03 September 2009

Recapturing language III

Somehow, over the years, it seems to me that the context for using the word impress, and its variations has changed. When I was a young girl, I recall hearing this word's use in a near-literal context: making an impression.

As a child makes wax castings from the impressions of animal footprints in the wet earth surrounding a lake, making an impression on another person through the essence of your own humanity is a tangible thing. In this regard, the impression made is a true change. It could perhaps be a change of mood, lifting someone's spirits by exhibiting inspiration. Or, it could be a change of outlook or opinion, validating the strength of an idea through living example. The fact that the vital energy of a person has the potential to leave a mark, or impression, on the life of another is lovely.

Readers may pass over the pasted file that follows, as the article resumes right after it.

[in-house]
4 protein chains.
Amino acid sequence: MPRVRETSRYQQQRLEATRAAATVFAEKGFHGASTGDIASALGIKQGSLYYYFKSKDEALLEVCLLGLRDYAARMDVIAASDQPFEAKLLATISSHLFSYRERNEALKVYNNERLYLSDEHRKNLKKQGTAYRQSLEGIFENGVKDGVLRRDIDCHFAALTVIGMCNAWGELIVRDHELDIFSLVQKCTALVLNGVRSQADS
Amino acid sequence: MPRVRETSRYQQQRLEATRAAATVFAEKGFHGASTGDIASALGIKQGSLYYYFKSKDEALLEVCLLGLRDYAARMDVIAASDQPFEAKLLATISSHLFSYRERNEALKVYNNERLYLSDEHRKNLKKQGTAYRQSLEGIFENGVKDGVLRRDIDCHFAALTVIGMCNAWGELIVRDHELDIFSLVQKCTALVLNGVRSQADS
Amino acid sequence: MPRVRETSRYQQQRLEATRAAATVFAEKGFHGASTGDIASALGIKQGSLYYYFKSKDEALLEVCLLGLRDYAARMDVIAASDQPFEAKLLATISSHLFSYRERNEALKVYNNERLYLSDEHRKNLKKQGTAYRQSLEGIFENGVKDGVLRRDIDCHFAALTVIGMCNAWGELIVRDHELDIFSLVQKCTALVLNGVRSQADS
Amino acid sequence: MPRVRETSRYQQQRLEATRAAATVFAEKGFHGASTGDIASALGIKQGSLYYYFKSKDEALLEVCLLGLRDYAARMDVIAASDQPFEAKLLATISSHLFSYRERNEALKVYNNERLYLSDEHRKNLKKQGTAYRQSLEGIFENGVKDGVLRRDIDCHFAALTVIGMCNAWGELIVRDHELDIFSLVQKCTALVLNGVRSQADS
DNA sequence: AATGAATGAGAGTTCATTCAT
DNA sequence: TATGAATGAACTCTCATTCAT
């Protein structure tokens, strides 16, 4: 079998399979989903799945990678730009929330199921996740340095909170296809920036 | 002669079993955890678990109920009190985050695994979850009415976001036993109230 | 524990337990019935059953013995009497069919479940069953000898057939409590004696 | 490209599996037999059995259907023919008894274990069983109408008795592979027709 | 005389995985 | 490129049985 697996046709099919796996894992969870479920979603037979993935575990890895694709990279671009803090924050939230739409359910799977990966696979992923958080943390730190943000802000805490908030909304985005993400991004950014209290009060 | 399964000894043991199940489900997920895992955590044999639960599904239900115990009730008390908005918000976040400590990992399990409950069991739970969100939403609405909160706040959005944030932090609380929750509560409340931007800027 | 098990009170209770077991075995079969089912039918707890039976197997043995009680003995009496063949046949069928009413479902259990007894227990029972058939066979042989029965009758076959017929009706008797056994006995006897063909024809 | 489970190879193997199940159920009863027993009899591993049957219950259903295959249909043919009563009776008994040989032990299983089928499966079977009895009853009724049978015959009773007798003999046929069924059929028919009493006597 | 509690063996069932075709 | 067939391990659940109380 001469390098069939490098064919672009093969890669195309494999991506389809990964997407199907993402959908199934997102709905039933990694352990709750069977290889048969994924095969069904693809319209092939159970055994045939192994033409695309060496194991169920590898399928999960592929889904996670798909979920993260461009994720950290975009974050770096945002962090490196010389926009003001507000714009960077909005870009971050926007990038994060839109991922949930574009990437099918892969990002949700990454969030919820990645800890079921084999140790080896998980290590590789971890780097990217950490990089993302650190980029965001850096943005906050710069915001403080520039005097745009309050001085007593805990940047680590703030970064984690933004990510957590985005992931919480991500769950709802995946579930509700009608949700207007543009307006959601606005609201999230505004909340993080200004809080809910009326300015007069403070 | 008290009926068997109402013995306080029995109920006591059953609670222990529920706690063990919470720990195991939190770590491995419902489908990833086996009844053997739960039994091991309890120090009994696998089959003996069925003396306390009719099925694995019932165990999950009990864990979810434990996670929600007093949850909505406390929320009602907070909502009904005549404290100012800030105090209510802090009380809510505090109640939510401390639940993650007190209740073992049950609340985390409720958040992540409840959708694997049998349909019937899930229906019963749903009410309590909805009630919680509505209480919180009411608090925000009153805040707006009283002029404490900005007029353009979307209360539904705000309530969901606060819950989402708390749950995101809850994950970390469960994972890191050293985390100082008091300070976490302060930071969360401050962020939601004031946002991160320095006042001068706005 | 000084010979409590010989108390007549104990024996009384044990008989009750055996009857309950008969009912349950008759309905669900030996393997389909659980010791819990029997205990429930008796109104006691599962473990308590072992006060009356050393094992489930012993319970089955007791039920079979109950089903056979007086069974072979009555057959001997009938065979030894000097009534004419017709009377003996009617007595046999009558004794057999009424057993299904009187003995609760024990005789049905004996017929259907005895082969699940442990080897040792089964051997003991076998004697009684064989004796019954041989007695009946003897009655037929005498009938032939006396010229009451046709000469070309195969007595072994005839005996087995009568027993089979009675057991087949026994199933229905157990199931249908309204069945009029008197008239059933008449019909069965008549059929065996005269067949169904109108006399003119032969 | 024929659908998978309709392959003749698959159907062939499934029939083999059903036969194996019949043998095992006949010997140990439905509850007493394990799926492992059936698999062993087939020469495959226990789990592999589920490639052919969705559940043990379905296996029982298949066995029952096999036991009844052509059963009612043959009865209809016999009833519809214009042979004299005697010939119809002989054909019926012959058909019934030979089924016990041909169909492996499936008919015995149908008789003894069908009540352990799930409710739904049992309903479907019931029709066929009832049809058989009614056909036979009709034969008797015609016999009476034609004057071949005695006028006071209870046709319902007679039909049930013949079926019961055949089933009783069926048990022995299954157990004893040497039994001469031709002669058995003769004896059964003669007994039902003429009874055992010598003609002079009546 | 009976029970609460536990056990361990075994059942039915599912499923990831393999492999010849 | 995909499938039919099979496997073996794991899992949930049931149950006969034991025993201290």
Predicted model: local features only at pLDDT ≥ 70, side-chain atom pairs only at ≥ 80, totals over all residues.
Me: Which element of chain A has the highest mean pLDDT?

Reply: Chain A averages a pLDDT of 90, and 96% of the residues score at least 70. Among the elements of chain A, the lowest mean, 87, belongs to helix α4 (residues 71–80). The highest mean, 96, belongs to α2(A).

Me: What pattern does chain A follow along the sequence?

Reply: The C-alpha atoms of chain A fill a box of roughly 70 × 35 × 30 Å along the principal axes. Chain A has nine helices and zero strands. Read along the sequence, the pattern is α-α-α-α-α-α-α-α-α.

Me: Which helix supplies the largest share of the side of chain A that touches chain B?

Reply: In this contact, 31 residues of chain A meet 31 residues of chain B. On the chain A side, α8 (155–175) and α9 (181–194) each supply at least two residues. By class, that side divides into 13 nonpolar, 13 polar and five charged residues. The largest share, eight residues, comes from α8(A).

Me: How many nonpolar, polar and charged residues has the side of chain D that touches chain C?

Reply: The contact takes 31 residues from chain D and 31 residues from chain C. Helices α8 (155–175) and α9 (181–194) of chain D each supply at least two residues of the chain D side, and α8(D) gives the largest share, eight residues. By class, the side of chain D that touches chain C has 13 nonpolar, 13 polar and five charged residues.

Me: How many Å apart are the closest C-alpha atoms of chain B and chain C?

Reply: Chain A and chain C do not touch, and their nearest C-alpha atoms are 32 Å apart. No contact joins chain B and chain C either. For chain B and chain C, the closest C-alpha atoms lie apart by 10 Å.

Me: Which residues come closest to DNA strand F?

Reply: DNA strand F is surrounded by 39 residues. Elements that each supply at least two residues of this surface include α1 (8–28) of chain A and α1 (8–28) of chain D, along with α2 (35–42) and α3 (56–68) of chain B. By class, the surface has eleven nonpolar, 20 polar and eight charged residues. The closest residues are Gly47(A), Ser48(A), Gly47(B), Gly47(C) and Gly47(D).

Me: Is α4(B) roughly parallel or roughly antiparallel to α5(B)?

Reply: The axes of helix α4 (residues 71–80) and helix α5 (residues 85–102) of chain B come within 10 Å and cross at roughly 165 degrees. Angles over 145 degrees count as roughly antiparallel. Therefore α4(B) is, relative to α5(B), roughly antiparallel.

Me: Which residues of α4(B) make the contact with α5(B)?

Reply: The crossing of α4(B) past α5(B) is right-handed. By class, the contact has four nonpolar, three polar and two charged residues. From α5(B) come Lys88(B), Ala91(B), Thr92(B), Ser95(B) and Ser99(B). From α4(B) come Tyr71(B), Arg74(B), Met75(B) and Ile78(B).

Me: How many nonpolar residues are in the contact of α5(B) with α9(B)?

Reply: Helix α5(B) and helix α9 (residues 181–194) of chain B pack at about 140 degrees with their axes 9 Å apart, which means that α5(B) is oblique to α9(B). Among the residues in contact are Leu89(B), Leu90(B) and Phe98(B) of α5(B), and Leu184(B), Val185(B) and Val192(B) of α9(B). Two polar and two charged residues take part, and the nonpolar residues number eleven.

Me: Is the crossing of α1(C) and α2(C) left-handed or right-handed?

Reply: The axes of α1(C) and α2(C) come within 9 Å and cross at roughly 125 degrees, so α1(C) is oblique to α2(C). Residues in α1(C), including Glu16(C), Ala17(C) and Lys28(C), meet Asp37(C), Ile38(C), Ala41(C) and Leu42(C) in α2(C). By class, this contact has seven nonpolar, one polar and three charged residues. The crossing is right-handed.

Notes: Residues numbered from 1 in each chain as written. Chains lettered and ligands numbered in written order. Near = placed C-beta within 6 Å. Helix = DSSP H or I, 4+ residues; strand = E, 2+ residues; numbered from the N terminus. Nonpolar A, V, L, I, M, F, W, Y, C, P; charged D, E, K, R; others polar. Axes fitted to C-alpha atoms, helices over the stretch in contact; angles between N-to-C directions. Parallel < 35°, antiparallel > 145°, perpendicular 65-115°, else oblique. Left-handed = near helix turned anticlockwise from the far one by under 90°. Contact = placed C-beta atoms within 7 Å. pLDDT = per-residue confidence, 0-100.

All too often, the word impress carries the connotation of instilling envy in another by exhibiting external trappings: what we do or say, what we have, who we know, where we have been. Impressing is so seldom linked to the person.

How would our lives be different if our impressions were guided more through genuine interactions with others and less by peripheral, non-human qualities? What this means to me is that if we take the time to honestly interact with another person and absorb the impact of their spirit and/or share the essence of our own humanity, we can effect change. We can generate ideas, open minds, soothe souls. We can appreciate each other for the innate human decency that we possess; we can both make and receive lasting impressions.

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